Why is one family really happy that its Tesla Model S got destroyed?
And, what car did we drive this week--but plan to report on next week?
This is our video look back at the Week In Reverse--right here at Green Car Reports--for the week ending on Friday, October 30, 2015.
Friday, we reported from Japan on what it's like to drive a new, all-electric Honda prototype with no fewer than four electric motors.
That's one per wheel, though they're not actually IN the wheels. It's an experimental test car built using the company's two-seat CR-Z hybrid.
Thursday, we reported on new data that showed Toyota Prius owners keep their cars longer than owners of any other car (but one).
The world's most popular hybrid, in other words, also proves to be one of the longer-lived cars for its original owners.
On Wednesday and into Thursday, we covered all the new green-car concepts and production vehicles from the Tokyo Motor Show.
Those included the Honda Clarity Fuel Cell, the Subaru Viziv Future Concept, the Mitsubishi eX all-electric crossover concept, the Lexus LF-FC luxury fuel-cell sedan concept, the Nissan IDS autonomous electric concept, and more.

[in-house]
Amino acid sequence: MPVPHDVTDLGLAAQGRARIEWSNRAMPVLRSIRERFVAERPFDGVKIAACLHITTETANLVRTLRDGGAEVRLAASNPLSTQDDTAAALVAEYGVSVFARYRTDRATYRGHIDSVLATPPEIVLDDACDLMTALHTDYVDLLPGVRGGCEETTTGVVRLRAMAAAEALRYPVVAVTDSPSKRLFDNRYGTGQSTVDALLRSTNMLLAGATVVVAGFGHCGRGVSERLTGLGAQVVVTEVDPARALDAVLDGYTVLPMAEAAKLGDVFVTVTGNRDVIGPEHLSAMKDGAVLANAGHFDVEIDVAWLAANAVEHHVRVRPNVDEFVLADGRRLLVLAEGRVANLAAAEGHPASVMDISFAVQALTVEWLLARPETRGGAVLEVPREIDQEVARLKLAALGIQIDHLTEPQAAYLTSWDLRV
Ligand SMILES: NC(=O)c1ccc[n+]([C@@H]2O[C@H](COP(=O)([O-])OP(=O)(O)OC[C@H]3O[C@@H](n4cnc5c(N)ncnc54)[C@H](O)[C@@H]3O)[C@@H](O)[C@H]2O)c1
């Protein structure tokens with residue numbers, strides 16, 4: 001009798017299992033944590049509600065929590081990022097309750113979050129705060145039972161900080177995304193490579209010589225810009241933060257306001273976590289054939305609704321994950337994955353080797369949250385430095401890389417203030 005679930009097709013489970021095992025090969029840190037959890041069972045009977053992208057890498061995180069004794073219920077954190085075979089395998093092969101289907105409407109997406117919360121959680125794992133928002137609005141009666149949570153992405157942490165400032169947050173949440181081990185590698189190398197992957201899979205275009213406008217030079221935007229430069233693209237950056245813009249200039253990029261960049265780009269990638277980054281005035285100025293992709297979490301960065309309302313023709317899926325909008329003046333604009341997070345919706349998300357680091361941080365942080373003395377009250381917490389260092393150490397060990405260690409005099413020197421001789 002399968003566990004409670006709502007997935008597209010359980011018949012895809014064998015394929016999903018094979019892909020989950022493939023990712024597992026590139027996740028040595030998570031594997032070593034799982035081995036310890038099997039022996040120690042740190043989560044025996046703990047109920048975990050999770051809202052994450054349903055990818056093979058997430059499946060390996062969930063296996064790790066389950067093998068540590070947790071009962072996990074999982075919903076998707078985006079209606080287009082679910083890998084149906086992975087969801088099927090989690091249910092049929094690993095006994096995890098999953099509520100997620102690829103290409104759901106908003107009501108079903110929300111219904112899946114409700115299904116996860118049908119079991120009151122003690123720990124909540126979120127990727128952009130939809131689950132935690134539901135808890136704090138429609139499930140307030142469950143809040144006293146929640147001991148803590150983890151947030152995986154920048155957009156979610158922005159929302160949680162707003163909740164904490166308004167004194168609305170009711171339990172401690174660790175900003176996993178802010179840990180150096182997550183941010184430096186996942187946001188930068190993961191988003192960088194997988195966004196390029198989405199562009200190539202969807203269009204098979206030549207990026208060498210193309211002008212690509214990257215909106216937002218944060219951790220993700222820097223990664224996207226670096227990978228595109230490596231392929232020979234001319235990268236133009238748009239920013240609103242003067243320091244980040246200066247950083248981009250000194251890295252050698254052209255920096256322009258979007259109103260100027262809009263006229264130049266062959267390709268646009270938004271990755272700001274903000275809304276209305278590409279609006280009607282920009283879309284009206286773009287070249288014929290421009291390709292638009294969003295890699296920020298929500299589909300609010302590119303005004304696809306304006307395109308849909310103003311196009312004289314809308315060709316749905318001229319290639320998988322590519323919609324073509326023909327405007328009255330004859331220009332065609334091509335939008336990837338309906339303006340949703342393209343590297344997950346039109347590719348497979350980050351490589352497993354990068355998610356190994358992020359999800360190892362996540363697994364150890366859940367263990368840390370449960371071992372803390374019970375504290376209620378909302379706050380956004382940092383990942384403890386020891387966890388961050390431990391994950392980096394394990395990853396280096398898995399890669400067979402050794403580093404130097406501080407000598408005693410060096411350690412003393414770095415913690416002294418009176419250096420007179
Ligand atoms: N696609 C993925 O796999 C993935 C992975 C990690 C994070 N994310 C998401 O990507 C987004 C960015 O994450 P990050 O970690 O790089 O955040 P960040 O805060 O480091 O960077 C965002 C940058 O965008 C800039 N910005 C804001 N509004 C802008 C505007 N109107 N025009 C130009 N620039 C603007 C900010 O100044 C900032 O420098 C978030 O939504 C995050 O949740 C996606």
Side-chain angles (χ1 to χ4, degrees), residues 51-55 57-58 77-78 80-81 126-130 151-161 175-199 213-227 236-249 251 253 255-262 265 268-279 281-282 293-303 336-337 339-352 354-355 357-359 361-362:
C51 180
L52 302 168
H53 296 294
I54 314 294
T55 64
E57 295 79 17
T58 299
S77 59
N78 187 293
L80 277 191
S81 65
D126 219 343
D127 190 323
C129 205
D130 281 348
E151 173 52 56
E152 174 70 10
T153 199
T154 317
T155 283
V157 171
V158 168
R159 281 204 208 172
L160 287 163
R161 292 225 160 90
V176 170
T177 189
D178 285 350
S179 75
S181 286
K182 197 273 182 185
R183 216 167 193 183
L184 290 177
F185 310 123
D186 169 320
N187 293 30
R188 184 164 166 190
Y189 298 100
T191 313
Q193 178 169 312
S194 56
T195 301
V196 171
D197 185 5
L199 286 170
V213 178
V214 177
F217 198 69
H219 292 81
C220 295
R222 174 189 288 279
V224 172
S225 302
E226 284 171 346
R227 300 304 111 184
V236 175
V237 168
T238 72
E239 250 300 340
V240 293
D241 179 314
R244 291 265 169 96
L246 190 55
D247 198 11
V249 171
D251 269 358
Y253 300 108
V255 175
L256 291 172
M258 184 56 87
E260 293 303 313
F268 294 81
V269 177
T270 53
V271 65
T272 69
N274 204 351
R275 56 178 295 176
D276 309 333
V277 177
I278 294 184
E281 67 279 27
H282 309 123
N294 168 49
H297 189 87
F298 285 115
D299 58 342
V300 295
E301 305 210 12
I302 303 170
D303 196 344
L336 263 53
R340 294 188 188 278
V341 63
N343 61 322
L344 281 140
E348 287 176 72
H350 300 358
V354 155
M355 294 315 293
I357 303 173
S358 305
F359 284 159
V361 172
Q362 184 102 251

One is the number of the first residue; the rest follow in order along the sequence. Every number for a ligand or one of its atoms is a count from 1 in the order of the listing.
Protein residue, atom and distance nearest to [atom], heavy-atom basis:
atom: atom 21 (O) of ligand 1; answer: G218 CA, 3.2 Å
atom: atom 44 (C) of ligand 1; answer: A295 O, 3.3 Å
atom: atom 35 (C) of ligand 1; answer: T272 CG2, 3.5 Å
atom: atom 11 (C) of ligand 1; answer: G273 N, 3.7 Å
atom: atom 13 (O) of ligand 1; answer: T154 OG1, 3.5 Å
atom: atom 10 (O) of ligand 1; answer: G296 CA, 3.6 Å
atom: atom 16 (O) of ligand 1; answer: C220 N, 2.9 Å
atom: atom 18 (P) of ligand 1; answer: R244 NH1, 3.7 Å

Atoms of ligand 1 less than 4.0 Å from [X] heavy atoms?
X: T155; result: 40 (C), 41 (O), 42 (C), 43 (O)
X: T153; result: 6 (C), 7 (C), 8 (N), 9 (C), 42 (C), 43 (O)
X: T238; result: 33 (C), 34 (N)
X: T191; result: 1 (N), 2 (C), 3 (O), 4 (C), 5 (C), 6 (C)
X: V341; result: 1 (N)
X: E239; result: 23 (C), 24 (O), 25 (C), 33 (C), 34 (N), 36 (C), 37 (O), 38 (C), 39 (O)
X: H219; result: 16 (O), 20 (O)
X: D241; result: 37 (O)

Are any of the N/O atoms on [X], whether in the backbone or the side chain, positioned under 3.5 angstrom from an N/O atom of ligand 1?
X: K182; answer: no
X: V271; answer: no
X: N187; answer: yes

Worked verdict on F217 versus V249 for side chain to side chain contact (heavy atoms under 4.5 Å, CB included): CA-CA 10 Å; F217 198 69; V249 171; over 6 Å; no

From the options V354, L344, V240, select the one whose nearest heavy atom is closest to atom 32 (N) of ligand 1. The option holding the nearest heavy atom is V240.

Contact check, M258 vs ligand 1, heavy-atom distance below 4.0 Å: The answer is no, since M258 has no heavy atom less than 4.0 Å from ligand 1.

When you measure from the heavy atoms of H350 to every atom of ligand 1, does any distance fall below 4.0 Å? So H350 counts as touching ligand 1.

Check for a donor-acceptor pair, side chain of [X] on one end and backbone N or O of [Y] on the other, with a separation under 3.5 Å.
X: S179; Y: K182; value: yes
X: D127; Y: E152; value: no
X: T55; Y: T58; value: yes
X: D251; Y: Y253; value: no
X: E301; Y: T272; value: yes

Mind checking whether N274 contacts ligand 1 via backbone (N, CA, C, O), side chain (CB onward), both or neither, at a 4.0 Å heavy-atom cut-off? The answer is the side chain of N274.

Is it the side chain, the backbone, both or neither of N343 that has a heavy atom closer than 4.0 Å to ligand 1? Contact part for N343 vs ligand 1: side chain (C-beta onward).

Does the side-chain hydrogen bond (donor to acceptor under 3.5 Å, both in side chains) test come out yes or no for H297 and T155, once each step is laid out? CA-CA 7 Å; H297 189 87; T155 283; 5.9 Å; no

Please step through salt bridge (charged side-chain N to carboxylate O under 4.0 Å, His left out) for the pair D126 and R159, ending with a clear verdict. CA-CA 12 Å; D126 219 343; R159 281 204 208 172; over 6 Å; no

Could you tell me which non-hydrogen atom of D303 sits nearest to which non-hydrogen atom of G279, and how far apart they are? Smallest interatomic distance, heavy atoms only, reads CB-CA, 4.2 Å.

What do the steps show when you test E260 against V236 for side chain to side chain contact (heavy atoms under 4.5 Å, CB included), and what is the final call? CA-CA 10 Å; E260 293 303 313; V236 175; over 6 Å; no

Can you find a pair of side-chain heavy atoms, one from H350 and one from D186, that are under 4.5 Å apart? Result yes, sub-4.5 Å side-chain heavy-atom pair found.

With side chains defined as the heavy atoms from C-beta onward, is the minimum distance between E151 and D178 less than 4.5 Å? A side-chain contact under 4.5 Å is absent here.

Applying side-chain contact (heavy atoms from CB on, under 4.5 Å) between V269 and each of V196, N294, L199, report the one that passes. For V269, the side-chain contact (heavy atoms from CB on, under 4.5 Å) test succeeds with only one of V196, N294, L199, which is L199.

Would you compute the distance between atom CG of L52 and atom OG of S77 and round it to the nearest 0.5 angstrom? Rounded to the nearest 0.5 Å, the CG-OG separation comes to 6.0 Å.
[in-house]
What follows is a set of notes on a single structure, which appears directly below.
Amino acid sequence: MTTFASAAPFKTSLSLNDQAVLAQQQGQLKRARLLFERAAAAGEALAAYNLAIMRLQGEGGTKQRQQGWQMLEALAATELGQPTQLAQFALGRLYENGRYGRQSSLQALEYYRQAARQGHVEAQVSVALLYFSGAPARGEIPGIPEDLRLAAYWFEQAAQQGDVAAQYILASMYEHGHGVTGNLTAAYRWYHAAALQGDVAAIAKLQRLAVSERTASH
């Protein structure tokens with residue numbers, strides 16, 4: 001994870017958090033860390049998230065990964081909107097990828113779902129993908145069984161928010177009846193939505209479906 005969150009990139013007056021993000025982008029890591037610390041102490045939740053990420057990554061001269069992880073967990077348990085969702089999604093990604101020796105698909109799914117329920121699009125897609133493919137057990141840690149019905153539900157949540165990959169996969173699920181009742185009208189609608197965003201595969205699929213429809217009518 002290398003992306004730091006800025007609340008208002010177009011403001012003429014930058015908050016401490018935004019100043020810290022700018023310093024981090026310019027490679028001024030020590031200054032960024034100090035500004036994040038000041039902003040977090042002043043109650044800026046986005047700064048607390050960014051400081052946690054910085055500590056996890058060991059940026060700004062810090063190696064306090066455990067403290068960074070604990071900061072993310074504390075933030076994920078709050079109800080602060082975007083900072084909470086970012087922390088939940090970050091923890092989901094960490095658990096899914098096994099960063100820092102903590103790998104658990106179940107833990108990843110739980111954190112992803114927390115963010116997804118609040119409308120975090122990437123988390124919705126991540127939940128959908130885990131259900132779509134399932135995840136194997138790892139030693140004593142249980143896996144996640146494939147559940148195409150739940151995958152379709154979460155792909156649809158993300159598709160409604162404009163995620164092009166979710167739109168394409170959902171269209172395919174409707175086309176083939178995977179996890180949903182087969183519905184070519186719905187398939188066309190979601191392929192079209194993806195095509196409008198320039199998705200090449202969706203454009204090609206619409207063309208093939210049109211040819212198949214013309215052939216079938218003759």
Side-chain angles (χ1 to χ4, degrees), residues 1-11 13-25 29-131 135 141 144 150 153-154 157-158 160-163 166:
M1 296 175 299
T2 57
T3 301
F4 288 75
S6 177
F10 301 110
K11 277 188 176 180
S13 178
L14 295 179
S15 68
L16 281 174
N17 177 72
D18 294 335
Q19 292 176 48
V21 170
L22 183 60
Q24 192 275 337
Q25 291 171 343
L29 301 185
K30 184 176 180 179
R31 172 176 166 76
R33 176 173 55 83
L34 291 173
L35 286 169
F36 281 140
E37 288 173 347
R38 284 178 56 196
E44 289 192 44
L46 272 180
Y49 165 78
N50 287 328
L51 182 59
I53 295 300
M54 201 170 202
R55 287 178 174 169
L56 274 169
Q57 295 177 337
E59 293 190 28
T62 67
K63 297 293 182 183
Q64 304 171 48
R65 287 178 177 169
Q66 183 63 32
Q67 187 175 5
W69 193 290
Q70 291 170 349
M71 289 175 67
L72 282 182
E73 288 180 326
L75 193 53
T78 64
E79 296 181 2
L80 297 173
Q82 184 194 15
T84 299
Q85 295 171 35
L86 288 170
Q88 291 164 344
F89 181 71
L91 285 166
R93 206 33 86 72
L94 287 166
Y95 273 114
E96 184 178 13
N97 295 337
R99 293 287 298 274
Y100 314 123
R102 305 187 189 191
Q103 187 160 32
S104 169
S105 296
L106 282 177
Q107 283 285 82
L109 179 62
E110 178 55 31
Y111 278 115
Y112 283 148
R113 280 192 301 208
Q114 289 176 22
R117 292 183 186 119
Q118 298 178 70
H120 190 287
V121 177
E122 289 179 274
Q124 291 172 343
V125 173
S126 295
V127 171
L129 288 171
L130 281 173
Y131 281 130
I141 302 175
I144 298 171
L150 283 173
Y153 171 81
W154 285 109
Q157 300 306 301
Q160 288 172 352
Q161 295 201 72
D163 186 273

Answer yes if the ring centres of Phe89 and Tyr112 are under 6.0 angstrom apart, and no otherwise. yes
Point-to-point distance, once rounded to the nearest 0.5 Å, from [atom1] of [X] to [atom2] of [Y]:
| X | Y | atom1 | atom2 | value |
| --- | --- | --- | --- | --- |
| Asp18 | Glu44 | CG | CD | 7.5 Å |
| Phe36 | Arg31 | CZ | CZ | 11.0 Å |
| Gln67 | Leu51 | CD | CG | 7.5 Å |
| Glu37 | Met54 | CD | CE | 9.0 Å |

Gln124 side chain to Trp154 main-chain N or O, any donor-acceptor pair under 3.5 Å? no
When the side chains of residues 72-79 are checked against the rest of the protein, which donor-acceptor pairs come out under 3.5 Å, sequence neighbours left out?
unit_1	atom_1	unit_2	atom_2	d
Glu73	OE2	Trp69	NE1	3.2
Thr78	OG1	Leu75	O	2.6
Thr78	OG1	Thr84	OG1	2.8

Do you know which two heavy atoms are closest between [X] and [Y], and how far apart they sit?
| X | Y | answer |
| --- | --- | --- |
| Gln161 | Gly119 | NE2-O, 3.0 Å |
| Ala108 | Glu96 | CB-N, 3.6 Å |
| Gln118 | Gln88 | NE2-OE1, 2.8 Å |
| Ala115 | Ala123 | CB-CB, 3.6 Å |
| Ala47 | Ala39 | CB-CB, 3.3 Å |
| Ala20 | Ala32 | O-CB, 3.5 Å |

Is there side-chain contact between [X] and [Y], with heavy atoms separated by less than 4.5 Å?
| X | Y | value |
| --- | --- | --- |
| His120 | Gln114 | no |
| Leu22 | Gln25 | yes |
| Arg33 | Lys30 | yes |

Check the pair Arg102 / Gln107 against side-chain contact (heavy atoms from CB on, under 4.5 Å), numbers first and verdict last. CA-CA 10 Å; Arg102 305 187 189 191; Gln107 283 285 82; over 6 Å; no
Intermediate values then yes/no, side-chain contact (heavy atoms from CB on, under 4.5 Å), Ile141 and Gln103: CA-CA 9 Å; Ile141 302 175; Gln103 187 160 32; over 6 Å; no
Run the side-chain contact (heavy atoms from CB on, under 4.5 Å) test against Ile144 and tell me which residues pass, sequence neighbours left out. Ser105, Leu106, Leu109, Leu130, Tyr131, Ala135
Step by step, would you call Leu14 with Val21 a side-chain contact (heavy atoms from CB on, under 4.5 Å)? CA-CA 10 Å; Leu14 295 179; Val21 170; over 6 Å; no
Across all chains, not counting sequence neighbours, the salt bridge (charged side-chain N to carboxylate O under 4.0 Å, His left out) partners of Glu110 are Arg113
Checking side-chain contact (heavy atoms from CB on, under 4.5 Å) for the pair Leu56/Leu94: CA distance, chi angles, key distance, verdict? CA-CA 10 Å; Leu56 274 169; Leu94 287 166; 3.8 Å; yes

Tuesday, we covered the news that the hydrogen fuel-cell powered Honda Clarity sedan would also spawn a plug-in hybrid model with 40 miles of electric range, as the successor to the now-discontinued Honda Accord Plug-In Hybrid.
It may also serve as the basis for a future all-electric car that Honda has promised to build, without providing any details as yet.
On Monday, our Tesla-owning author David Noland updated us with the latest info on battery degradation in his Model S.
His conclusion is that, unlike the children of Lake Woebegon, not every Tesla battery is above average--and his pack appears to be slightly below par.
Over the weekend, we also noted that a Tesla Model S appears to have saved the life of a mother and child inside it who were caught in a landslide in Norway.
The car got pretty banged up when a tree fell on it after it was swept to the edge of a cliff in the landslide. But its occupants are fine.
Finally, we'll tease you with a preview of a first drive report we'll be publishing next week.
It's the long-awaited Audi A3 e-tron Sportback plug-in hybrid, the only hatchback version of the A3 compact luxury sedan--and Audi's first electric car of any kind sold in the U.S.
We'll have photos, driving impressions, and some thoughts on Audi's approach to designing, marketing, and selling the first in what's expected to be an expanding range of cars with plugs.
Until next week, this has been the Green Car Reports Week in Reverse update.